Conservation of farmland birds faces different challenges in Western and Central-Eastern Europe
Birds are commonly used as an example of the strongly declining farmland biodiversity in Europe. The populations of many species have been shown to suffer from intensification of management, reduction of landscape heterogeneity, and habitat loss and fragmentation. These conditions particularly dominate farmland in the economically well developed countries of Western Europe. Currently, the farmland environment in Central-Eastern Europe is generally more extensive than in Western Europe and a larger proportion of people still live in rural areas; thus generating different conditions for birds living in agricultural areas. Furthermore, the quasi-subsistence farming in much of Central-Eastern Europe has resulted in agricultural landscapes that are generally more complex than those in Western Europe. To protect declining bird populations living in farmland, detailed knowledge on both species and communities is necessary. However, due to scientific tradition and availability of funding, the majority of studies have been carried out in Western Europe. In consequence this provokes a question: are findings obtained in western conditions useful to identify the fate of farmland bird biodiversity in Central-Eastern Europe? Therefore, the major goal of this paper is to highlight some local and regional differences in biodiversity patterns within EU farmland by comparing intensive agricultural landscapes with more extensive ones. More specifically, we aim to outline differences in agricultural landscapes and land use history in the two regions, use farmland birds to provide examples of the differences in species dynamics and species-habitat interactions between the two regions, and discuss possible social and ecological drivers of the differences in the context of biodiversity conservation. Factors governing spatio-temporal dynamics of farmland bird populations may differ in intensive and extensive landscapes as illustrated here using the Grey Partridge Perdix perdix and the Red-backed Shrike Lanius collurio as examples. The unevenness of farmland bird studies distribution across Europe was also presented. We call for more emphasis on pluralism in furthering both pan-European research on farmland bird ecology and conservation strategies. We also highlight some features specific to Central-Eastern Europe that merit consideration for the more efficient conservation of farmland birds and farmland biodiversity across Europe.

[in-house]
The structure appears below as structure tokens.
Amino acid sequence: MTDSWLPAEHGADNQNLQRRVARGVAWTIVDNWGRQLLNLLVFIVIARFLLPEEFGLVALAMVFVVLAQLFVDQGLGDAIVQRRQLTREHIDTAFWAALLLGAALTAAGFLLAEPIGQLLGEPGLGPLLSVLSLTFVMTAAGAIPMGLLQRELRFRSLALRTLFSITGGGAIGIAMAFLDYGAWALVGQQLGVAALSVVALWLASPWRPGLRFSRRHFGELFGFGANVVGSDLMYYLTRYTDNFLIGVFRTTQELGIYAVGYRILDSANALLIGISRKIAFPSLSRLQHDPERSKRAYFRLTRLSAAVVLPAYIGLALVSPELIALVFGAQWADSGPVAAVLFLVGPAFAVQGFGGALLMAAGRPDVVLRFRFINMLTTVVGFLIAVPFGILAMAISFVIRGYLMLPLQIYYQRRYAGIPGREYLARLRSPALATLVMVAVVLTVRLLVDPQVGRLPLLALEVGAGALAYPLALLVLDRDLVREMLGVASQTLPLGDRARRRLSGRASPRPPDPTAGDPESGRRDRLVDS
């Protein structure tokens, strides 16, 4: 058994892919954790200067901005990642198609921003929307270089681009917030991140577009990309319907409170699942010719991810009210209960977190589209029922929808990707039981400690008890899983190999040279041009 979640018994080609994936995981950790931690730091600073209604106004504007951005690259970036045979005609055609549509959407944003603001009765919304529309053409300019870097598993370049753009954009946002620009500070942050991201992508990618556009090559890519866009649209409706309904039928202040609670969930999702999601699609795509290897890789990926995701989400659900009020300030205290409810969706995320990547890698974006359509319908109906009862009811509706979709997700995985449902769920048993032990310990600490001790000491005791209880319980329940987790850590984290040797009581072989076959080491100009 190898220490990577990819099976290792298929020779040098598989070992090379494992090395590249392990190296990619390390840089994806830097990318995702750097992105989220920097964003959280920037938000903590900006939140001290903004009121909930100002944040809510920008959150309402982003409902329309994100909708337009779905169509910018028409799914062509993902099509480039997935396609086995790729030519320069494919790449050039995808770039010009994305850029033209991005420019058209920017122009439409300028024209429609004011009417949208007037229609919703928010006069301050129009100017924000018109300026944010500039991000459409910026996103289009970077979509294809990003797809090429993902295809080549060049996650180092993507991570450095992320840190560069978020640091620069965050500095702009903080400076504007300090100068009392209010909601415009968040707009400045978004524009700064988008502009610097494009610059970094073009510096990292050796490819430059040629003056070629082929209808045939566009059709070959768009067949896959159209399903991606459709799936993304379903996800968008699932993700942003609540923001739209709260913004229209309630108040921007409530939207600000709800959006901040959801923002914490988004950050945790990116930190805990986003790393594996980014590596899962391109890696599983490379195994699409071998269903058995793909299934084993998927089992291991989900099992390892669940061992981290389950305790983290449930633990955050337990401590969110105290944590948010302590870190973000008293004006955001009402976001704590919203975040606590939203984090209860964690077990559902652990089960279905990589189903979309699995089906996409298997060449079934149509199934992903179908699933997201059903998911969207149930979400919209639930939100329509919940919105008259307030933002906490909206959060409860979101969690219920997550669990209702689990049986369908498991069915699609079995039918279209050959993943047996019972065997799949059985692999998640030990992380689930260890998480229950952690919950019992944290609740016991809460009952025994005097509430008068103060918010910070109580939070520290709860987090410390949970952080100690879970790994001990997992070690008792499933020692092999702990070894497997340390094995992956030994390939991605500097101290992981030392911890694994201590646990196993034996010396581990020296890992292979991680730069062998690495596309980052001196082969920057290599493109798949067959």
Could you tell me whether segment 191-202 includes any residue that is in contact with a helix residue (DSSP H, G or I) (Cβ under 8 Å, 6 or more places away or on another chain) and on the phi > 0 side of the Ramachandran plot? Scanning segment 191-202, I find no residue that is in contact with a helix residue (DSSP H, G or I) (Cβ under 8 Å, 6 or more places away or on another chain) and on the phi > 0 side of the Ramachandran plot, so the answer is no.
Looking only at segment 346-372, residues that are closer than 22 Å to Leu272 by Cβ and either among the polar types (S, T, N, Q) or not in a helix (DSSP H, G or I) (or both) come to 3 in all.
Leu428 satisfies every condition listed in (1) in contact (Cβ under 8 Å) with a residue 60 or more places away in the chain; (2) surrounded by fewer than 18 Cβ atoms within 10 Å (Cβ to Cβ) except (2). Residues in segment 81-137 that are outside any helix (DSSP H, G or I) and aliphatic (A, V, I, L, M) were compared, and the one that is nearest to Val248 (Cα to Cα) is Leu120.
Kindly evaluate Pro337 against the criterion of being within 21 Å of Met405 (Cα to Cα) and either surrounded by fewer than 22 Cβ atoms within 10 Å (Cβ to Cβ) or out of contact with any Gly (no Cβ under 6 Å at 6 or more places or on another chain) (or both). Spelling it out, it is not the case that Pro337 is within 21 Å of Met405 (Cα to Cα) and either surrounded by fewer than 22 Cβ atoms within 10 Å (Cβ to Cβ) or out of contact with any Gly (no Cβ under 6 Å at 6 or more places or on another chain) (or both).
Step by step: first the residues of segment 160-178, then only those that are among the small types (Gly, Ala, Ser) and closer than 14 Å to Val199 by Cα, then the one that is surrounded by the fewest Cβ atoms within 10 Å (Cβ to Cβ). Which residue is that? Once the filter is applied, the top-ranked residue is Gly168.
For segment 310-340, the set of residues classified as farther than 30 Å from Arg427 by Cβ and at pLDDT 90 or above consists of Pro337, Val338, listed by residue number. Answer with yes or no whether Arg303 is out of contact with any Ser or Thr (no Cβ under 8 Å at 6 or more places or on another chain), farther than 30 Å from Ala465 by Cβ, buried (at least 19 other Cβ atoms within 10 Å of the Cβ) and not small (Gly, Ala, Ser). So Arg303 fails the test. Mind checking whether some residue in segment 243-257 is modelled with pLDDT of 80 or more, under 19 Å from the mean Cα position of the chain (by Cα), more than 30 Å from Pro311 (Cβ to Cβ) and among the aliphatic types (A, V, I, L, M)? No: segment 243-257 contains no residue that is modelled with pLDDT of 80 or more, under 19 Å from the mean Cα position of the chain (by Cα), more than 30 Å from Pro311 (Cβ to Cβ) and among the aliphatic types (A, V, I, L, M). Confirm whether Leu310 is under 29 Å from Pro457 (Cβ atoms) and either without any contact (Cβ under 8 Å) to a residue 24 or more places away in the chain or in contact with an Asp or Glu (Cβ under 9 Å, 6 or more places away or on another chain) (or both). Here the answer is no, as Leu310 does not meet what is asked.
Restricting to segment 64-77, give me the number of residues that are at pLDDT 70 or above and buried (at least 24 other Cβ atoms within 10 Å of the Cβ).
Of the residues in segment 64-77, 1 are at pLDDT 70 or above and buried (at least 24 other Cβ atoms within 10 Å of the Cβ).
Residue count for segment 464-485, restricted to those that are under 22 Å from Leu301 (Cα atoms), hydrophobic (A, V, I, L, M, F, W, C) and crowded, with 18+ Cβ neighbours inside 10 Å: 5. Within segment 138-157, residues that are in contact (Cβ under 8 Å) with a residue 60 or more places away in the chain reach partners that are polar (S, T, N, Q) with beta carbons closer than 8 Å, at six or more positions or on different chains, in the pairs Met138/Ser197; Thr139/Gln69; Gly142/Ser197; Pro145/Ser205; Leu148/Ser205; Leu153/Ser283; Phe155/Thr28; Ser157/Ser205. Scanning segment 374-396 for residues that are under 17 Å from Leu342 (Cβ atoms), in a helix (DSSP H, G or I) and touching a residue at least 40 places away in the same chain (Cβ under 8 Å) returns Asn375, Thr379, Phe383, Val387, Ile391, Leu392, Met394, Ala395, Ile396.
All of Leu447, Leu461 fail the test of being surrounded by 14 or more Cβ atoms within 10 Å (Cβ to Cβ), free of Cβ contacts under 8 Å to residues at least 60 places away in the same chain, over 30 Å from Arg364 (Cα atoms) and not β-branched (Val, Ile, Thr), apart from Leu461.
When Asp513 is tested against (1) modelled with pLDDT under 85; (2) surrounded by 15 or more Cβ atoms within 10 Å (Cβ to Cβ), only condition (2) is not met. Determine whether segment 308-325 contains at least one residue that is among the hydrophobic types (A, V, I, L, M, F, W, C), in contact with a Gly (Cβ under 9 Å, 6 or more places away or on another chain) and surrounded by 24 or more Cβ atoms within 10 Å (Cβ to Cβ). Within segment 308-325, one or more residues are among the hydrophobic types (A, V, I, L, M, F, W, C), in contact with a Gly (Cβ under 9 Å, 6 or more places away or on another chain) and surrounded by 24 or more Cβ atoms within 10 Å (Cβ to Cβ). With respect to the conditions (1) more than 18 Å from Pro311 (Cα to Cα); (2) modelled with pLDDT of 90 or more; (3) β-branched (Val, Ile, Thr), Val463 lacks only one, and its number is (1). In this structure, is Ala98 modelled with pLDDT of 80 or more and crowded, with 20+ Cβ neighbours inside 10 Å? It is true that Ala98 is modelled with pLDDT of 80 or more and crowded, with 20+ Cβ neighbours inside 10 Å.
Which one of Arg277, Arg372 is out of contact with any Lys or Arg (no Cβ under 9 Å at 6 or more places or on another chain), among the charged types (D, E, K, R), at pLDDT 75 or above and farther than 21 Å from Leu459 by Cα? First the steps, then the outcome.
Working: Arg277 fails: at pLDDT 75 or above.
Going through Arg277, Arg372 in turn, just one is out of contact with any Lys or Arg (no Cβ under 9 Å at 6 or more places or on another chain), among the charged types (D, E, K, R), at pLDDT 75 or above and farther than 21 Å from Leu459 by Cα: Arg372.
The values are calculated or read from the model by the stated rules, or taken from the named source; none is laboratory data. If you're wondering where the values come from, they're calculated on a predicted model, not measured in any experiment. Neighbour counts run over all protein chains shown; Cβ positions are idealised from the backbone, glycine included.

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Document Type: Research Article
Publication date: 01 June 2011